Motorola Xoom launching without Flash support

Flash 10.2 will be available as an over-the-air download within a few after the tablet goes on sale.

The launch of the first Android Honeycomb tablet is becoming a disaster, as Adobe runs damage control on the news that Motorola's Xoom tablet will ship without Flash support.

Computerworld: Which tablet should I buy? Motorola Xoom vs Samsung Galaxy Tab 10.1v

Although the Xoom is Flash-capable, an advertisement for the Android tablet on Verizon Wireless' website says Flash support is expected in spring 2011. The Xoom launches Thursday.

Adobe has clarified the disclaimer, saying that Flash 10.2 will be available as an over-the-air download "within a few weeks of Android 3 (Honeycomb) devices becoming available, the first of which is expected to be the Motorola Xoom."

The eventual arrival of Adobe Flash will be wonderful news for users who keep up with the latest tech news. But imagine launch day for the average user, who was expecting a tablet that could, at last, access the full Web. There will be frustrated calls to tech support. There will be potential impulse buyers who put off their purchase for another day -- or another tablet entirely. It has the potential to be a mess.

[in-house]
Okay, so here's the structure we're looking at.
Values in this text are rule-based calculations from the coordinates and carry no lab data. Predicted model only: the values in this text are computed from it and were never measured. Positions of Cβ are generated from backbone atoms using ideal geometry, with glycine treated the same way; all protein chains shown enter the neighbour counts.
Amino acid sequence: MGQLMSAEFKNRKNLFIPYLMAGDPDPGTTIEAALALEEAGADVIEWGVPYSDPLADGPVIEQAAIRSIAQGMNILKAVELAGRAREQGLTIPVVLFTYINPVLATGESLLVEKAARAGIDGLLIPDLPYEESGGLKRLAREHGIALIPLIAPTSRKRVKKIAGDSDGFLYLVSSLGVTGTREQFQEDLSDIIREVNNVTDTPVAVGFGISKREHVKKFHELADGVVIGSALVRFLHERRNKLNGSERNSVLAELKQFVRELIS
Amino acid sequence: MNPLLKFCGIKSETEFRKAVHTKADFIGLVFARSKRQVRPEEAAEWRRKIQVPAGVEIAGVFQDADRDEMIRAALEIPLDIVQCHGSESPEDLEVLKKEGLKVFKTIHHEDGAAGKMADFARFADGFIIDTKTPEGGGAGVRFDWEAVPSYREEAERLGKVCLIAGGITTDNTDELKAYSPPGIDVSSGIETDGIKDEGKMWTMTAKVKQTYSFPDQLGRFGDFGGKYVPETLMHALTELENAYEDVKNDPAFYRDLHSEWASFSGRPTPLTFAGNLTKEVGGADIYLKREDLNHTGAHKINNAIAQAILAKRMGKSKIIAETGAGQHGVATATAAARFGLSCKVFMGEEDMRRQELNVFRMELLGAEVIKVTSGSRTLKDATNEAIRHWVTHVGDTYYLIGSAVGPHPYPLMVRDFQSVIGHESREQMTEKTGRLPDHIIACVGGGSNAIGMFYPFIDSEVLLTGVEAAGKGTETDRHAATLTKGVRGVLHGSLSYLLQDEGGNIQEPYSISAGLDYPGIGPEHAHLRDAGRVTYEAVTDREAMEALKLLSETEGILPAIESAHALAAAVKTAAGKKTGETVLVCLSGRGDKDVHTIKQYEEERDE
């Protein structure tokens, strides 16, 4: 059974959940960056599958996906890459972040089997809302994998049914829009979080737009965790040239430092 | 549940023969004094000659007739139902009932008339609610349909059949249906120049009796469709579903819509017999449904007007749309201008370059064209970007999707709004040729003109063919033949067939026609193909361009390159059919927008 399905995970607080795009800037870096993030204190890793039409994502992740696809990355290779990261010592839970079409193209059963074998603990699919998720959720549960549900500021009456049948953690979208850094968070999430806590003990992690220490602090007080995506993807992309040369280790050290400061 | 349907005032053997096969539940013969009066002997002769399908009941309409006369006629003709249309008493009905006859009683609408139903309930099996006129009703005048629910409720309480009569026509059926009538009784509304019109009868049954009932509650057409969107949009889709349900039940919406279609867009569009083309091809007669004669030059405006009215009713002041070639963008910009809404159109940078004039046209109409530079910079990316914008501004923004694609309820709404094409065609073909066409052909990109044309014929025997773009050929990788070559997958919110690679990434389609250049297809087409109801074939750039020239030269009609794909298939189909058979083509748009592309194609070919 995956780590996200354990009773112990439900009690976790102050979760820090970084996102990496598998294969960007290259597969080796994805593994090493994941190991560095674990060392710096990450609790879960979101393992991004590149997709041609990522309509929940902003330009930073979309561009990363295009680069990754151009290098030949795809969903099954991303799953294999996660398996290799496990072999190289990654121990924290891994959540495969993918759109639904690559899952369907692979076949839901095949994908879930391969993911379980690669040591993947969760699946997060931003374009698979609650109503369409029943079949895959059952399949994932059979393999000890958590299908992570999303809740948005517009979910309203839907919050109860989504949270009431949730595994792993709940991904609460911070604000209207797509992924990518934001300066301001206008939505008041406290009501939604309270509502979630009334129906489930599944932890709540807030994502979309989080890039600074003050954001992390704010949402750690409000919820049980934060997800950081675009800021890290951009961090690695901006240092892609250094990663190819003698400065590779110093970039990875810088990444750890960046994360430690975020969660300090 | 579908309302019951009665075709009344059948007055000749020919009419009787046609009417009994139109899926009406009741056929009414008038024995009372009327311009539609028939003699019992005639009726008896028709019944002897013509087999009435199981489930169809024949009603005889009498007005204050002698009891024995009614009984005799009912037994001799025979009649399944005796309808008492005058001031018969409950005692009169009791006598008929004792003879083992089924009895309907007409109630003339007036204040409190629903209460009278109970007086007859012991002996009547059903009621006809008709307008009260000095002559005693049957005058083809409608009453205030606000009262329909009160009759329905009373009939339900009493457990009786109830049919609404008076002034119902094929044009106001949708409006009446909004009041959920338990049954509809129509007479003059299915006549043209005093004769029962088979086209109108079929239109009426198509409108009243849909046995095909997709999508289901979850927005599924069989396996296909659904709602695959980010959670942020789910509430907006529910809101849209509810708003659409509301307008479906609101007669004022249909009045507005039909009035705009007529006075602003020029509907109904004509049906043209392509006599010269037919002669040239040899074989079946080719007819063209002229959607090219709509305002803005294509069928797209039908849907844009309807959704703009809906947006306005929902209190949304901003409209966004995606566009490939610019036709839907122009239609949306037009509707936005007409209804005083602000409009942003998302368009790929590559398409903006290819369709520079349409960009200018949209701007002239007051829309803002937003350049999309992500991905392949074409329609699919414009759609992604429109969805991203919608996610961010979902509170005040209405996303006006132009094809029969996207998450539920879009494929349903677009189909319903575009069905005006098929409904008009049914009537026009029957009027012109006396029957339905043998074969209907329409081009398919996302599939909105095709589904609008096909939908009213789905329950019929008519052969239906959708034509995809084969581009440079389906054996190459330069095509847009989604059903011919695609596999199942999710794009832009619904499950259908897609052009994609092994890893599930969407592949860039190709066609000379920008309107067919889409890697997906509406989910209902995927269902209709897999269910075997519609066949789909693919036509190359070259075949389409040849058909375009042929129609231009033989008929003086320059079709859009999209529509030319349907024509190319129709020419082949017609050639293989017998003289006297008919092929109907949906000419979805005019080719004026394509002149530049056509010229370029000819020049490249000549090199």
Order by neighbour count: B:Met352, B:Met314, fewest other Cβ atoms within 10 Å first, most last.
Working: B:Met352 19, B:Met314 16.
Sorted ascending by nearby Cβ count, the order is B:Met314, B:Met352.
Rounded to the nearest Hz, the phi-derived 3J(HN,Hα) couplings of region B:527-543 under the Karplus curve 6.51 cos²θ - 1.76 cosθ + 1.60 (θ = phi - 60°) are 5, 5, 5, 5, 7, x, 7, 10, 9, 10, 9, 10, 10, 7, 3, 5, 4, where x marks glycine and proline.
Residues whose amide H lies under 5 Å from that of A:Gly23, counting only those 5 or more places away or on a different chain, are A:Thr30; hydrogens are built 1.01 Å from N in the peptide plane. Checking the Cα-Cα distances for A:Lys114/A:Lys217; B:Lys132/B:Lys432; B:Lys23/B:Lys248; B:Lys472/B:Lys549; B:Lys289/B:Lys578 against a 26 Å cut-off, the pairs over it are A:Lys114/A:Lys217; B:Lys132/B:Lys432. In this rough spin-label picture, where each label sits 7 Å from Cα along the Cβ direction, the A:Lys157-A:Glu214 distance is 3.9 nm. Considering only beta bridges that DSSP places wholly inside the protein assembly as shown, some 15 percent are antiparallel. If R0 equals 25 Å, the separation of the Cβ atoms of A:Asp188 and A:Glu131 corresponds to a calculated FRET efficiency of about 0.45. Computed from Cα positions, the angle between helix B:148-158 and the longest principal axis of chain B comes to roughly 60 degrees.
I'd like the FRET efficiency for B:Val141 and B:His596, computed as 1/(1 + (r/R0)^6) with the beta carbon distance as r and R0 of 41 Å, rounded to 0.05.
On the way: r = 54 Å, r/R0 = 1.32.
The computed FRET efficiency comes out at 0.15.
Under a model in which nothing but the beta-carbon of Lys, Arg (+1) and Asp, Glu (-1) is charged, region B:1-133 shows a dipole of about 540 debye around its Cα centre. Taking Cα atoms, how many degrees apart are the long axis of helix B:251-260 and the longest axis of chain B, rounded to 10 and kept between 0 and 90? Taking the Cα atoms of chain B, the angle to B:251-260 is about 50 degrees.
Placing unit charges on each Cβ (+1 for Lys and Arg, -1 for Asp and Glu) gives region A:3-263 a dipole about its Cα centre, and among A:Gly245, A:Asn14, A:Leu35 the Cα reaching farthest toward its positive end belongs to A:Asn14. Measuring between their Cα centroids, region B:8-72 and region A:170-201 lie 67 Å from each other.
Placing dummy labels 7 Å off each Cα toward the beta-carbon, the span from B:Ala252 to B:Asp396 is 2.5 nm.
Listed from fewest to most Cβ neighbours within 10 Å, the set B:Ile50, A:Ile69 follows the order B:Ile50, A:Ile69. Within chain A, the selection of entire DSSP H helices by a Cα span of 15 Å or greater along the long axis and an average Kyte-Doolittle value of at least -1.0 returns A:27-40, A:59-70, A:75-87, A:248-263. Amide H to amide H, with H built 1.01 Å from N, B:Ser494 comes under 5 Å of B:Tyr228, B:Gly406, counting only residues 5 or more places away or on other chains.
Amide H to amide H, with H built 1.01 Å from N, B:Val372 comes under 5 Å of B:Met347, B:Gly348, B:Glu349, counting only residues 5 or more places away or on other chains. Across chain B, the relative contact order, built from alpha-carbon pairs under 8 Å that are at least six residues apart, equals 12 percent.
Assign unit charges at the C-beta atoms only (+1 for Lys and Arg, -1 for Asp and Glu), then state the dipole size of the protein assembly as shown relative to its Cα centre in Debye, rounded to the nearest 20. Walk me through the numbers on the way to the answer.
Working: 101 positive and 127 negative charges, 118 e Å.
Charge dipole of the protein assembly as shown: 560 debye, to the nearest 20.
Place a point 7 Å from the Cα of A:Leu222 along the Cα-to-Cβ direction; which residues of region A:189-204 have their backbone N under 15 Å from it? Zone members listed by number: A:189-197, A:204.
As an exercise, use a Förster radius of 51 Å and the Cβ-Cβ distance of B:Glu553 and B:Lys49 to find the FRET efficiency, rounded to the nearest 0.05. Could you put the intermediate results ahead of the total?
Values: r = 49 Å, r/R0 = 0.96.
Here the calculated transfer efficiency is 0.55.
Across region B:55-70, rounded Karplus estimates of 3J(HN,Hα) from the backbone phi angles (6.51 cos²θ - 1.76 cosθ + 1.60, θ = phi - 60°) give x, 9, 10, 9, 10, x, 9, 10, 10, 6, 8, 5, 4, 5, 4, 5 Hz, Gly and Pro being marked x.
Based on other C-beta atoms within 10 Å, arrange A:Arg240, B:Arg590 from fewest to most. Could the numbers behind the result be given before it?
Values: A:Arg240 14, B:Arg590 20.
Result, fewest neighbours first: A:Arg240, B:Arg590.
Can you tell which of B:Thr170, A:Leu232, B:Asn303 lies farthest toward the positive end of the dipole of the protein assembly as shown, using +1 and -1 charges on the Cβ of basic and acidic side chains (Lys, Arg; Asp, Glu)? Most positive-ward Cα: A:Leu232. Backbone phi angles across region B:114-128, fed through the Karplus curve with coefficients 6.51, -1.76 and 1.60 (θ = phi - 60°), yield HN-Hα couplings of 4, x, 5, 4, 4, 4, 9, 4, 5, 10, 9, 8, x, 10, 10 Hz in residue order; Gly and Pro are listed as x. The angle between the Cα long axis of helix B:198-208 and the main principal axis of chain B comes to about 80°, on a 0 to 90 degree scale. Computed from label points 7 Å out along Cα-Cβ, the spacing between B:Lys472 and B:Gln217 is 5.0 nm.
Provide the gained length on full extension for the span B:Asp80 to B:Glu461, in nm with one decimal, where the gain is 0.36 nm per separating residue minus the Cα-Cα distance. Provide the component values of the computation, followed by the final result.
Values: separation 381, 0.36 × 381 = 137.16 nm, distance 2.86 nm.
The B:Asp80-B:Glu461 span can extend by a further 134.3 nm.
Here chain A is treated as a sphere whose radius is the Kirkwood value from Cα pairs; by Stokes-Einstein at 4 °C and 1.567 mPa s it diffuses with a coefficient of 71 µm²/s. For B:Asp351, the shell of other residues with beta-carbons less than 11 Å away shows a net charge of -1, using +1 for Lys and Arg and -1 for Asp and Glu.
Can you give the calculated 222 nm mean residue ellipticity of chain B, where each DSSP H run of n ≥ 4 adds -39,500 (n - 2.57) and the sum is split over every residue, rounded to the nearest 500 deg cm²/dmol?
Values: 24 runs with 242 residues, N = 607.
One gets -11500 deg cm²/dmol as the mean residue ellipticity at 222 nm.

This isn't the first flaw in Motorola's Xoom launch strategy. In rushing to market, the Xoom will not include 4G service at first. Users will have to wait until sometime in the second quarter and then return their tablets to Verizon for a hardware update.

And then there's the pricing. Unlike some of my colleagues, I don't think $800 is outrageous, given the product. That's only $71 more than a 3G iPad with 32 GB of storage, and the Xoom supports a faster network (eventually) with better hardware. What Motorola is missing is an up-sell -- a cheaper product that at the very least lures potential buyers into the store. Supposedly, there's a $600 Wi-Fi-only tablet on the way, but Motorola hasn't announced a launch date.

So in keeping with tradition, the early adopters -- the ones who've been eagerly awaiting a suitable alternative to Apple's iPad -- are getting screwed. They'll pay a premium for an incomplete Honeycomb tablet while Motorola squanders its early mover advantage with a whimper of a launch. Everyone else should reevaluate the market once Motorola, Verizon and Adobe get their acts together.

Tags MotorolaAndroidPhonesGoogle AndroidtabletsflashHandhelds / PDAsVerizon Wirelessmotorola xoomAndroid tabletsconsumer electronics

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Jared Newman

PC World (US online)

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